Wheat futures jumped to a three-month high after the US downgraded its harvest estimate by far more than investors had expected, while corn futures found support from a lower-than-expected inventory figure.

Chicago soft red winter wheat futures, the world benchmark, closed up 2.8% at $9.21 ½ a bushel for December, achieving their highest finish for the third quarter on the last day of the period.

The contract also closed above its 200-day moving average for the first time in nearly three months,

The gain, which took to 24% the contract’s recovery from a mid-August low, was spurred by a downgrade of 130m bushels (3.6m tonnes) to 1.65bn bushels (44.9m tonnes) in the official estimate of the 2022 US all-wheat harvest.

The revision – which far exceeded the downgrade of 5m bushels that investors had expected – reduced to just 3.6m bushels, or less than 100,000 tonnes, the growth in US wheat production this year.

‘Tendency to surprise’

Corn futures, meanwhile, closed up 1.2% at $6.77 ½ a bushel, after earlier posting gains of 4.0%, after the US Department of Agriculture, in a separate briefing, estimated domestic stocks of the grain as of the start of this month – and the end of 2021-22 – at 1.38bn bushels.

While up 142m bushels year on year, the stocks total fell well short of the 1.53bn-bushel number that the USDA pencilled in earlier this month, besides the 1.51bn-bushel figure that investors had expected.

However, soybean futures plunged by 3.3% to $13.64 ¾ a bushel for November, an eight-month closing low for a spot contract, after the USDA pegged domestic inventories of the oilseed as of the start of this month, and the end of 2021-22, at 274m bushels.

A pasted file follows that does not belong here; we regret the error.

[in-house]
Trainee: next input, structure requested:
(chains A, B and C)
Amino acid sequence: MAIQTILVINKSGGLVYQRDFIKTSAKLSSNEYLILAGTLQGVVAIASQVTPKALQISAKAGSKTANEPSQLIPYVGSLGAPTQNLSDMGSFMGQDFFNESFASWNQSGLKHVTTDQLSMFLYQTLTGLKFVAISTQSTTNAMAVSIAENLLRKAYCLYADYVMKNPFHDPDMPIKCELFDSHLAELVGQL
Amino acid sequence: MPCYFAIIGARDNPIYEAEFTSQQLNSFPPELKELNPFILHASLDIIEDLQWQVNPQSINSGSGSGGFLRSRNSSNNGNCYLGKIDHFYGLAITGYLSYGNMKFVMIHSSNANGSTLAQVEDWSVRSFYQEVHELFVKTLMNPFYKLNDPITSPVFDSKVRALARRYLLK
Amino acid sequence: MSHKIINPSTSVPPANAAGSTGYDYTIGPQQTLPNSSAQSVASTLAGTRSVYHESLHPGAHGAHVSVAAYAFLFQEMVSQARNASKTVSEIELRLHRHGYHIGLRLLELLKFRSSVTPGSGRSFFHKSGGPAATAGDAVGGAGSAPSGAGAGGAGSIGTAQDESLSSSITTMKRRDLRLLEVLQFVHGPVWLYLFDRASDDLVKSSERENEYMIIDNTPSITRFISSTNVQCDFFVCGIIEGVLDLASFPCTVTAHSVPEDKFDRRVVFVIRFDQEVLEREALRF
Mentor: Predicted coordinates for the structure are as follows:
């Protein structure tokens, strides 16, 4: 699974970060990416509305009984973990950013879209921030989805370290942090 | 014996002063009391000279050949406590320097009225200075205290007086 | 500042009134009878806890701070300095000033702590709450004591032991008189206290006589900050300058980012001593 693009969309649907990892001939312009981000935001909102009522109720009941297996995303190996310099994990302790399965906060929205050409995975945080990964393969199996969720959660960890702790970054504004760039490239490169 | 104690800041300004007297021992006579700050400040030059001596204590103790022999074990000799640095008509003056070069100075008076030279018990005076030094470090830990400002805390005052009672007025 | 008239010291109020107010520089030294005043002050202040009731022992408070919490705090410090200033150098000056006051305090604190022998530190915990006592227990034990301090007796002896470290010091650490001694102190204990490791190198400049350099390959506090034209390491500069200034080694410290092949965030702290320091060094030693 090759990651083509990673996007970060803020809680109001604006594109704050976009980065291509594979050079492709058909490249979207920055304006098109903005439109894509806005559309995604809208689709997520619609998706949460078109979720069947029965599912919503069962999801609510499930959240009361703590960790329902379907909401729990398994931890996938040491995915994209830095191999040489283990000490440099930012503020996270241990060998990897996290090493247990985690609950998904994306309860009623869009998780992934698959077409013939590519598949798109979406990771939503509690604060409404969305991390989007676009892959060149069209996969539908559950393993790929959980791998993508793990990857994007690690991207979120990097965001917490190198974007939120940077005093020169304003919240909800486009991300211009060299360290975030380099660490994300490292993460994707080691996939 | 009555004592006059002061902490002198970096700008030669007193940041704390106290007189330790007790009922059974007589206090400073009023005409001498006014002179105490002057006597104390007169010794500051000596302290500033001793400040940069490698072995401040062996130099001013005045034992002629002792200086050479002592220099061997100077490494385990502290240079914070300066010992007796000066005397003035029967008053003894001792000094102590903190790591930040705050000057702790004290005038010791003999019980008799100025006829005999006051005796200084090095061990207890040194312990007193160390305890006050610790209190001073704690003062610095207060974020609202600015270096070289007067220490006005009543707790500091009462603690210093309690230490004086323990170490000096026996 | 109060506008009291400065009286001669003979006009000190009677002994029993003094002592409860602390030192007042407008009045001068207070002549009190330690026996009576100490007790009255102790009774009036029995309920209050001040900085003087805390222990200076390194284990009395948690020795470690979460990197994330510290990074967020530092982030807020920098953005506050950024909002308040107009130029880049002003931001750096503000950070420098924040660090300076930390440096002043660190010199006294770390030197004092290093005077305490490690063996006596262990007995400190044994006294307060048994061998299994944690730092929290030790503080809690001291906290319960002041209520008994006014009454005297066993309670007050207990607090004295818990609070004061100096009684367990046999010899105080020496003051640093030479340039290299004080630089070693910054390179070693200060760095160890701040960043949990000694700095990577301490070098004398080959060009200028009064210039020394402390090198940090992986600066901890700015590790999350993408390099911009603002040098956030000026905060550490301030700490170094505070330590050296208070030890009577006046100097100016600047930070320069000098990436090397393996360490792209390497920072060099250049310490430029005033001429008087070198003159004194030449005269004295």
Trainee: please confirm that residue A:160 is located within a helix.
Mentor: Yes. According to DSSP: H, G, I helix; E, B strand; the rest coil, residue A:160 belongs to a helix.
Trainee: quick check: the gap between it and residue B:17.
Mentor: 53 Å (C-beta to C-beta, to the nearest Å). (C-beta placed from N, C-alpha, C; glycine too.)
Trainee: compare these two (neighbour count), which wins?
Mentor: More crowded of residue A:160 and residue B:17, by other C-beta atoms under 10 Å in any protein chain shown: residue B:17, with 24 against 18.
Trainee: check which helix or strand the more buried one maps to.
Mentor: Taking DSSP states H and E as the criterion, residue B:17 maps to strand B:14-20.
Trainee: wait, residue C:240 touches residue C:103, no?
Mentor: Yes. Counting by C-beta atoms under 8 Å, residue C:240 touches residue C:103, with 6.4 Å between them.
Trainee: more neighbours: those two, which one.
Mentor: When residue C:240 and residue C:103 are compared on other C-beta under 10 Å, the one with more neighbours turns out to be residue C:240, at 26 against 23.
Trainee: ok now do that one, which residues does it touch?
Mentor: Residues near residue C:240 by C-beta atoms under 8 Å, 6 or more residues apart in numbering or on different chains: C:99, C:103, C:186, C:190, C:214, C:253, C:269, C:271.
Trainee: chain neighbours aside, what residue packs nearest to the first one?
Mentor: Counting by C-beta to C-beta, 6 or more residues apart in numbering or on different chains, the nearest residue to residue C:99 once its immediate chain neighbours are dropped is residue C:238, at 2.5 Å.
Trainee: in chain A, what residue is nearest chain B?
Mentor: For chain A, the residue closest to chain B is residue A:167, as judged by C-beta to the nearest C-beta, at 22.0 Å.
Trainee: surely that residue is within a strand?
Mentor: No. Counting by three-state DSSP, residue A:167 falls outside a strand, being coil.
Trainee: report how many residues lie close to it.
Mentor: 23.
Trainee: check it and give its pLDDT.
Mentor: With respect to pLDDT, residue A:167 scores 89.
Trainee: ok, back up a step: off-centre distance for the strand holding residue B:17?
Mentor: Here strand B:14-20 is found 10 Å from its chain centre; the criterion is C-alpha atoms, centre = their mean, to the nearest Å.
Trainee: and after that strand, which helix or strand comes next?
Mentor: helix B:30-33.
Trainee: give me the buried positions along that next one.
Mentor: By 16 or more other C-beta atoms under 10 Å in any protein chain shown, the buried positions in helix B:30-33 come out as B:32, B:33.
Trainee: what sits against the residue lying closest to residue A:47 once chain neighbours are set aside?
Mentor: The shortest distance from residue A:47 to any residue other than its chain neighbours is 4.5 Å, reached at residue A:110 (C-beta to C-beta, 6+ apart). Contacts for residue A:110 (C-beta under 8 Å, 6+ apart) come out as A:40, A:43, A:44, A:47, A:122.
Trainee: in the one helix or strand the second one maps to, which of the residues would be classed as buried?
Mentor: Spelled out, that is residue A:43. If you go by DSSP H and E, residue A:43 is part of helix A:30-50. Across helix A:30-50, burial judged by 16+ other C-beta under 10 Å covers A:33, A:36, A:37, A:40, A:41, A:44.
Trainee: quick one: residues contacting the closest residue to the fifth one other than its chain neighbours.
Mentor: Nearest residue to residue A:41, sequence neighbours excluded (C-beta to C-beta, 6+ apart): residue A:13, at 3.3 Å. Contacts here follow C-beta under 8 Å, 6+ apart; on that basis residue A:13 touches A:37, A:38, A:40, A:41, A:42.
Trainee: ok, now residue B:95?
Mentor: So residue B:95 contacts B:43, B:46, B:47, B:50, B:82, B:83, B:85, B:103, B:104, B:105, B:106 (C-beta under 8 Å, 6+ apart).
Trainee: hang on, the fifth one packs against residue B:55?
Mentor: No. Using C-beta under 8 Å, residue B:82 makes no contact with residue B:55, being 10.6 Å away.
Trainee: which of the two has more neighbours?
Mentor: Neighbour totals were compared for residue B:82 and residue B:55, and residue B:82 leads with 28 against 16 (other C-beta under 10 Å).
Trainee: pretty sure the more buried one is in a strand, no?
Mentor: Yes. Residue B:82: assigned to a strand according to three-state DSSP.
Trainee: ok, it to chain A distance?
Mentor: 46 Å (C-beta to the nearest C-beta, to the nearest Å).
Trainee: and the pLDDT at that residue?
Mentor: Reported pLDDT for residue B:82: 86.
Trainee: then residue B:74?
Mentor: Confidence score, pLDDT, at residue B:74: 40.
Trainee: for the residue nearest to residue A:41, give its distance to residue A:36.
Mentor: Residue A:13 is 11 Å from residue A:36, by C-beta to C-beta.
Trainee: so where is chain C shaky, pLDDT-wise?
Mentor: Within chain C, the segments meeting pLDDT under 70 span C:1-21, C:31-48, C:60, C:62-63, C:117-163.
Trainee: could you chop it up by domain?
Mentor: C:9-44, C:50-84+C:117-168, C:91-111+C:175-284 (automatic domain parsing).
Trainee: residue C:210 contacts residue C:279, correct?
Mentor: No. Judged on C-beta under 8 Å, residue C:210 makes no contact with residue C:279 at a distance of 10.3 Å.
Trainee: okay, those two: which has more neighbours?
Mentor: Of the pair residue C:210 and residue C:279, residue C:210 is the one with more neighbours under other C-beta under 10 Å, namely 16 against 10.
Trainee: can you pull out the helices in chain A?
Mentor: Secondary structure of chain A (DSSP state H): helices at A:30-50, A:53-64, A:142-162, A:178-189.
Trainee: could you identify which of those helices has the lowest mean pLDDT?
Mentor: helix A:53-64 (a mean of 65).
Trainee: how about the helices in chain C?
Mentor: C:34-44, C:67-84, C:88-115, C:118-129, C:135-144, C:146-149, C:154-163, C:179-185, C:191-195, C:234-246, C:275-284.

That was above the 257m-bushel figure that the USDA had been utilising, and the 242m-bushel number that the market had expected.

“The tendency for USDA to surprise the trade at the end of September lives on,” said Terry Reilly at Futures International, with the month’s stocks and wheat output reports having a historical record of causing grain price volatility.

Multi-decade low

The downgrade to the US wheat harvest estimates reflected weakened expectations for production of both spring- and winter-crop output.

The estimate for the hard red winter wheat harvest was cut by 45m bushels to 531m bushels – a drop of 29% year on year to the lowest on data going back to 1984-85.

For soft red winter wheat, the harvest estimate was cut by 44m bushels to 337m bushels, taking it below last year’s total.

Spring wheat revisions

Among the spring wheat classes, the durum harvest estimate was trimmed by 10m bushels to 64m bushels, with the figure for other spring wheat downgraded by 30m bushels to 482m bushels – although still representing a recovery from last year’s drought-reduced 297m bushel crop.

In all cases, the estimates fell well below market expectations.

Hard red winter wheat futures for December finished up 2.6% at $9.91 ½ a bushel, a three-month closing high for a spot contract.

Minneapolis spring wheat for December settled up 1.7% at $9.82 a bushel, also a three-month closing high.